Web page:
You are not alone! For many parents, the weeknight battle of what amounts to a temper tantrum over homework may lead to a contest of wills. Arguing, while it is exhausting and resolves nothing on either side, is a form of distraction. Resistance can come in many ways, such as a verbal fight, or bouts of slamming doors, screaming and crying. While children can sucker you into a power struggle, the outcome serves no purpose except an extended period of wasted time; therefore, avoid arguing and stating threats.
The reason most children struggle with the act of starting homework is they identify home with a place of refuge and connection. The idea of coming home after a long day of school sends their brains into a free-time mode comprising relaxation, snacks, and television. The solution is not sitting by your child’s side to confirm directions and answers; instead, begin a routine using the following suggestions.
- Do not keep your struggles at home a secret or wait and hope his or her behavior improves.Involving the teachers, counselor, and principal will establish a relationship of open communication and, in turn, ease the frustration at home.
- Similar to the act of performing chores, homework is part of home life. It requires a pact between child and parent. Allow your child to have a 45-minute break after coming home and then agree upon a time to begin schoolwork. (Expect kindergarten children to be exhausted their first two weeks of school. Their behavior will improve! Be patient!)
- Agree upon a location to study. Despite the wisdom of having a desk in a child’s bedroom, every possible distraction is present there. Considering open rooms such as a den, kitchen, or dining room table can accommodate the need for a common area. Most children work more efficiently with other children and an adult present. It creates an environment similar to the classroom.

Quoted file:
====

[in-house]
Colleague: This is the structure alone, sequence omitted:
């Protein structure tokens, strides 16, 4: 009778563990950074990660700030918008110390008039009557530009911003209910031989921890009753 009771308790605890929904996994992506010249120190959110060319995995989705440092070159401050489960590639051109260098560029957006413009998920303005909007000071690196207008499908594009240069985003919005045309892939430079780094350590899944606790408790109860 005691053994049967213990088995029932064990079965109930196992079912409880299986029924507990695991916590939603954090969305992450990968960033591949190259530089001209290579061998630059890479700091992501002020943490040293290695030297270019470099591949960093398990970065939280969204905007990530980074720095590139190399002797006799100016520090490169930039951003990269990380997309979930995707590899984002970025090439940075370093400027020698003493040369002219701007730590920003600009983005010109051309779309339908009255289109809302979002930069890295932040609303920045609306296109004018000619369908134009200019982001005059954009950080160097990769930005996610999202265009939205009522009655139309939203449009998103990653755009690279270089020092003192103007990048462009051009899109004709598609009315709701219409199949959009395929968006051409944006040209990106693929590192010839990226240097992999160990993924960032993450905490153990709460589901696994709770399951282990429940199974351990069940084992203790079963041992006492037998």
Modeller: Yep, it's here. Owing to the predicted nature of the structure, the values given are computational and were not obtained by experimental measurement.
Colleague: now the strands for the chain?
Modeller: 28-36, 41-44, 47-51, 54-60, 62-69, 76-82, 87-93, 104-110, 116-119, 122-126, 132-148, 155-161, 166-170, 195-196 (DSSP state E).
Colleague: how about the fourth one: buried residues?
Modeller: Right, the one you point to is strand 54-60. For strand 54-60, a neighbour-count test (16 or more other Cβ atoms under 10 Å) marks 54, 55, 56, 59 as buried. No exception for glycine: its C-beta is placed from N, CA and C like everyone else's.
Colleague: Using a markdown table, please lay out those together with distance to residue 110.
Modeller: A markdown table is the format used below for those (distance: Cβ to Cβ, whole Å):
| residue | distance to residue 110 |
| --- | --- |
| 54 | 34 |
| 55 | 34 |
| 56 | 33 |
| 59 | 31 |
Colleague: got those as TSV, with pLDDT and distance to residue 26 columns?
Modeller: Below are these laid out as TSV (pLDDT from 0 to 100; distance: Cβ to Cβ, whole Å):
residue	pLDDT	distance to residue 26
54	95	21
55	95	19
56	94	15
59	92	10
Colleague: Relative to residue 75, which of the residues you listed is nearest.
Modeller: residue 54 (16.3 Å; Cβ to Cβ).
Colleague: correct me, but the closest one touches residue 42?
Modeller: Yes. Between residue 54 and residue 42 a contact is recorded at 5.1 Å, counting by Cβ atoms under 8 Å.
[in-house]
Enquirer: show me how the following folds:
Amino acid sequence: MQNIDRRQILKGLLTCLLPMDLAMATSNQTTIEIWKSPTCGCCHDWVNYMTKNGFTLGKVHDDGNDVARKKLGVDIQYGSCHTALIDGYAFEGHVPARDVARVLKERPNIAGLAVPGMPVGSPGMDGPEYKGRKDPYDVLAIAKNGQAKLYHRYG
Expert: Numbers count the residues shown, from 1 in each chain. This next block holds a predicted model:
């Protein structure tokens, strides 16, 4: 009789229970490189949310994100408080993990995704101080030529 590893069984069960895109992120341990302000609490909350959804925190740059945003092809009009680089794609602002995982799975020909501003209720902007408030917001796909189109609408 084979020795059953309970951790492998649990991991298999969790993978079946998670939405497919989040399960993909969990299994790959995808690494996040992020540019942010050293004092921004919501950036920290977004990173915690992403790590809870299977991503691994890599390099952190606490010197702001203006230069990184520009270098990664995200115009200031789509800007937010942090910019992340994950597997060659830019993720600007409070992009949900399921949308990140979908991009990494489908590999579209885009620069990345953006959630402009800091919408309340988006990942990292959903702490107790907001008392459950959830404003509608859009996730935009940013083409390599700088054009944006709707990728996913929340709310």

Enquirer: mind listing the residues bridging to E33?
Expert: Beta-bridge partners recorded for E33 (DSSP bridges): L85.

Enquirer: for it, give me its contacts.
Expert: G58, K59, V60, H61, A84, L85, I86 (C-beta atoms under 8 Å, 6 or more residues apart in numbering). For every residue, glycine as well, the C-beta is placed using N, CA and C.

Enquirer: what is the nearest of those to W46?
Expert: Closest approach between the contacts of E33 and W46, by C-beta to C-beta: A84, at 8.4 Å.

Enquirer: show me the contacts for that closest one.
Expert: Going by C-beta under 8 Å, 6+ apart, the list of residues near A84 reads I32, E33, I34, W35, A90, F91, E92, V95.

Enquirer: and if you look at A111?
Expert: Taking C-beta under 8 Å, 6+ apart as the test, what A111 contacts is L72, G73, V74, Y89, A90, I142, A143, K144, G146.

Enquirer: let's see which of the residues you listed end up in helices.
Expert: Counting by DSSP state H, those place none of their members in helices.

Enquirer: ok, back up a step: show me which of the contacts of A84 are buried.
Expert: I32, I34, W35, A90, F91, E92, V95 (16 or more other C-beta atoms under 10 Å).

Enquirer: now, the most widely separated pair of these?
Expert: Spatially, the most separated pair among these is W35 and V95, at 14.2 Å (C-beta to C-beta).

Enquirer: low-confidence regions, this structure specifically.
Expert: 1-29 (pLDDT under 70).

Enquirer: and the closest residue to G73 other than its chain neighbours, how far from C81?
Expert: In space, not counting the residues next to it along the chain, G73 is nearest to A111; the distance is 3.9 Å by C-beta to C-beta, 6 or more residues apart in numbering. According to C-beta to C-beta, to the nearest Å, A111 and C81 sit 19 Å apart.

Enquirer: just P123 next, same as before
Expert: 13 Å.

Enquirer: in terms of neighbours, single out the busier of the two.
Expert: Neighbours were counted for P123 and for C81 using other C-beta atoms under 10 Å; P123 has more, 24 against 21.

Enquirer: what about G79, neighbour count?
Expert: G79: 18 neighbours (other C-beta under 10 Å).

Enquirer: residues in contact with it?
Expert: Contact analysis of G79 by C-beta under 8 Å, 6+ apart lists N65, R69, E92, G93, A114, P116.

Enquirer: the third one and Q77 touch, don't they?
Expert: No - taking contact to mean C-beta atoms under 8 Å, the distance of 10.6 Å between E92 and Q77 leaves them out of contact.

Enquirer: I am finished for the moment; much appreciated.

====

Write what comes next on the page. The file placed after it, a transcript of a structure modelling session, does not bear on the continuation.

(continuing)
- Create a “house rule” to establish a quiet hour within the home. Preschool children, especially, can comply with the rule by coloring or practicing writing letters and numbers. Parents can set an example by reading. (Turn homework into an hour of luxury!)
- Breaks are a necessity; therefore, discuss a schedule, which may include a downtime lasting ten minutes. The benefits of a child playing, for instance, basketball in the driveway, taking a quick bike ride, or running outdoors with the dog can increase the mental energy needed to finish assigned tasks.
- Parents often become responsible for their child’s homework. Whether it is receiving the assignments online or through an e-mail, the responsibility is not yours. Children must assume all accountability, which includes earning the grade. Focus on talking about successes, as well as reflecting upon what is working to his or advantage. If a student can understand how to redirect failure into success, he or she will try to achieve positive outcomes!
- If your child insists you sit with him, ask him or her to read the directions and explain the assignment. Children will depend on you, unless you leave the room; therefore, give your child time to complete a few problems independently. Another tactic is allowing the chance to ask only three questions. Rather than bombard you with questions, the request must be of value!
- Parents can help their children understand practical ways to ease frustration. Rather than reading, substitute an audiobook, or create flashcards to study spelling or vocabulary words. The goal is for children to become self-sufficient, which may require offering teachable lessons on time management or organization.
- The cries of help need to be understood. The explanation may be due to sadness, anxiety, or exhaustion. Beyond the communication received from teachers and school staff, constant temper tantrums may require a deeper understanding of what is driving the behavior. A doctor may assist with answers.
The goal of homework is to review lessons learned in school. Every assignment, despite the student’s dislike of reading, writing, or computing, is essential. Regardless of the feelings of frustration or exhaustion, focus your child’s attention on the rewards of completion. Homework should not consume hours. There must be ample time for family, and friends, and most importantly, self-interests!
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